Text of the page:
Here’s a question: when was the last time you thought about what happens when you flip on a light switch?
We take for granted this everyday miracle without much thought to what goes on behind the scenes to make the lights turn on. Only once the power goes out do people suddenly take notice of this invisible luxury that our daily lives rely on. Lighting our homes, charging our devices, refrigerating our food, powering hospitals and public transportation and the nation’s economy – life as we know it hinges on the seamless, invisible flow of electrons we call electricity.
But, perhaps, everyone once in a while, you have taken note – maybe while driving on the highway past towering transmission lines stretching as far as the eye can see – of the massive system around us that goes mostly unnoticed on a daily basis, and how little you know about how that system functions.
Today’s story may change that for you.
The electrical grid in this country is over a century old. The first commercial central power plant in the US – Pearl Street Station in Manhattan – opened in 1882 and served 82 customers.¹ Today, the US electrical grid is made up of over 7,300 power plants and 160,000 miles of high-voltage power lines, serving over 145 million customers.²
The focus of our story today is one of the largest of the roughly 3,000 utility companies keeping the lights on in the US. (Due to company policy they cannot disclose their name in external-company features and thus will remain nameless in this article).
Making safety a priority with hands-on training
Jim Patchen is a high voltage work methods specialist for said utility company. His job is to develop procedures on how to work safely around high voltage. His office is a veritable mini-museum of utility relics from a bygone era.
As equipment from the field has been retired over the years, he’s rescued treasures from a certain fate as scrap metal. Artifacts like ammeters, voltmeters, control switches, and molten and re-hardened piles of metal from errant tool mishaps start at the floor and line shelves up to the ceiling.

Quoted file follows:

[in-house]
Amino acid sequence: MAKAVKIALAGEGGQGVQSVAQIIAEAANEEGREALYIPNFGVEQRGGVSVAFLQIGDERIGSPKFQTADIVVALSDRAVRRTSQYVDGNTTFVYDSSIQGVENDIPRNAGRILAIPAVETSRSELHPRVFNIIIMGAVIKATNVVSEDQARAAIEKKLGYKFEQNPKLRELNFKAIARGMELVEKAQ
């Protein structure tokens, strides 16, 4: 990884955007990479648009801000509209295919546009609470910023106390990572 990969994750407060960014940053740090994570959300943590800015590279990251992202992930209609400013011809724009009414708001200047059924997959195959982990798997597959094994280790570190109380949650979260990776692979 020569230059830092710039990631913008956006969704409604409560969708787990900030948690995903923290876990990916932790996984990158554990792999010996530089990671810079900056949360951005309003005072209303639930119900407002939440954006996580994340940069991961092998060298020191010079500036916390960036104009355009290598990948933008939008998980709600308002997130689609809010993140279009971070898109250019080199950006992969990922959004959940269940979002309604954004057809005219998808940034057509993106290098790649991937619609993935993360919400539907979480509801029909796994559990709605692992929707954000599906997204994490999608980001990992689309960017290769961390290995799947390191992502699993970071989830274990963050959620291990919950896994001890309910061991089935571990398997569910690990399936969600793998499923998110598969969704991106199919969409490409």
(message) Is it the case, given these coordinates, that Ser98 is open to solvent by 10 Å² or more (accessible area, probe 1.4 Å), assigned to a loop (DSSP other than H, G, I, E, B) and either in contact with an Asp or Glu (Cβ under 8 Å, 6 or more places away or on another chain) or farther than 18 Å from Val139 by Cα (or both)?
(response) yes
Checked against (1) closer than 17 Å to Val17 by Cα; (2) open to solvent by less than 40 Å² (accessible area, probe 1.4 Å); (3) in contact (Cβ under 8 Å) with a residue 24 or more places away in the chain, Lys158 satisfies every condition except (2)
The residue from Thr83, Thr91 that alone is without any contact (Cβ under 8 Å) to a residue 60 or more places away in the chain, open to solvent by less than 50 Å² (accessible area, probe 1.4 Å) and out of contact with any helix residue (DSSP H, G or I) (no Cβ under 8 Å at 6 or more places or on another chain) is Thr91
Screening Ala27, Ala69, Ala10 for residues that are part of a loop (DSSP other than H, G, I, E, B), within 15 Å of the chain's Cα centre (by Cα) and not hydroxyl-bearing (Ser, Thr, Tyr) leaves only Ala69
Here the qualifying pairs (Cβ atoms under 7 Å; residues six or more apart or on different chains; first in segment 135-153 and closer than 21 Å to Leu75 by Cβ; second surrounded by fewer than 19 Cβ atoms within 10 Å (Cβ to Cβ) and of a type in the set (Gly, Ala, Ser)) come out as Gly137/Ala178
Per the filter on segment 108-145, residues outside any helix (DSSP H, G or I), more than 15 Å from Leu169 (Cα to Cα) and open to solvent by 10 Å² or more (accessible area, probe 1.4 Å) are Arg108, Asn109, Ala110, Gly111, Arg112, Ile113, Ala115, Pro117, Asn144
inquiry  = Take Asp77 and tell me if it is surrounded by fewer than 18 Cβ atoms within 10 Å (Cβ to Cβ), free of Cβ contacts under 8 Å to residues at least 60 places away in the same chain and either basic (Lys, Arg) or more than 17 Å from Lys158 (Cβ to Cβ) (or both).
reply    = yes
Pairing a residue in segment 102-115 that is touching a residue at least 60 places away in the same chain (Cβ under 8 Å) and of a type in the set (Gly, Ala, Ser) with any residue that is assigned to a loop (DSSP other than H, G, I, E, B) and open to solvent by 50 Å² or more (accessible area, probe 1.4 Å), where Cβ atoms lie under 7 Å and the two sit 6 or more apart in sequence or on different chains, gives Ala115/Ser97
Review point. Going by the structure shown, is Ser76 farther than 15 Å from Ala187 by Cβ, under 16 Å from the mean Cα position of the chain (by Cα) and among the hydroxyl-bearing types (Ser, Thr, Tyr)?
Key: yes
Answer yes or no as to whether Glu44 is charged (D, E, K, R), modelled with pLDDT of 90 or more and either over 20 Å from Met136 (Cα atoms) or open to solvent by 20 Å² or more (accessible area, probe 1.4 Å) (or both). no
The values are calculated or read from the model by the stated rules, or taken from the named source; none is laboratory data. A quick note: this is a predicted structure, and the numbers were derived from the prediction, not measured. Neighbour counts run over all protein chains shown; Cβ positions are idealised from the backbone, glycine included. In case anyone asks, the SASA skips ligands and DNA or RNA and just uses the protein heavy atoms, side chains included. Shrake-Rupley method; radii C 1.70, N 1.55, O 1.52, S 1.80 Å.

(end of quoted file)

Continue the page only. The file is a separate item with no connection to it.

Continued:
As for his collector’s habit, Patchen explains his motivation behind this essential preservation of history. “It is important to understand the legacy of this industry,” he says. “Early on, work methods and tools were quite primitive, but over time they have evolved. It’s good to know where you came from so that you know where you’re going.”
The job of every utility company is to generate electricity and transport it to customers. This is, of course, a highly simplified explanation, but the general flow is as such: electricity is created at a generator – taking the form of power plants, hydroelectric dams, solar panel arrays, or wind turbines – transported along transmission lines, and distributed to communities for end use.
Along the way are substations – the large, somewhat hectic-looking clusters of wires and electrical equipment you may notice while driving on the highway – which transform the electricity into high voltage for fast transport along transmission lines and into lower voltage for its final use in homes and businesses. Far from the chaos that they can appear to be to the untrained eye, substations are meticulously-organized, well-oiled machines that are crucial components of the electrical grid. And while designed for maximum safety of workers, they are also extremely high-voltage environments, which inherently pose a unique set of dangers to those in the vicinity.
“Working in a substation is difficult,” explains Patchen, “because it’s many, many circuits coming into one small location, so the high voltage environment is really concentrated. We have to work really [safely] around that to prevent injuries and incidents that could affect the grid.”
This particular utility company has over 1,000 substations in its service territory. As a work methods specialist, Patchen’s current role revolves around creating procedures to ensure the safety of workers in addition to the integrity of the grid and the power they’re providing to consumers. “If you make a mistake in a substation, you can impact thousands of customers,” he explains. “If I drop a screwdriver in a substation, I can take out 90,000 customers. So, everything we do is critical.”
Workers at the company go through a roughly three-year apprenticeship of rigorous training on how to work safely in such an environment. “Traditional training involves PowerPoints and lecturing,” explains Patchen. Unfortunately, he continues, the retention rate of knowledge taught in these sorts of settings tends to be abysmal. Their goal is to incorporate more tactile learning to keep students engaged throughout lessons.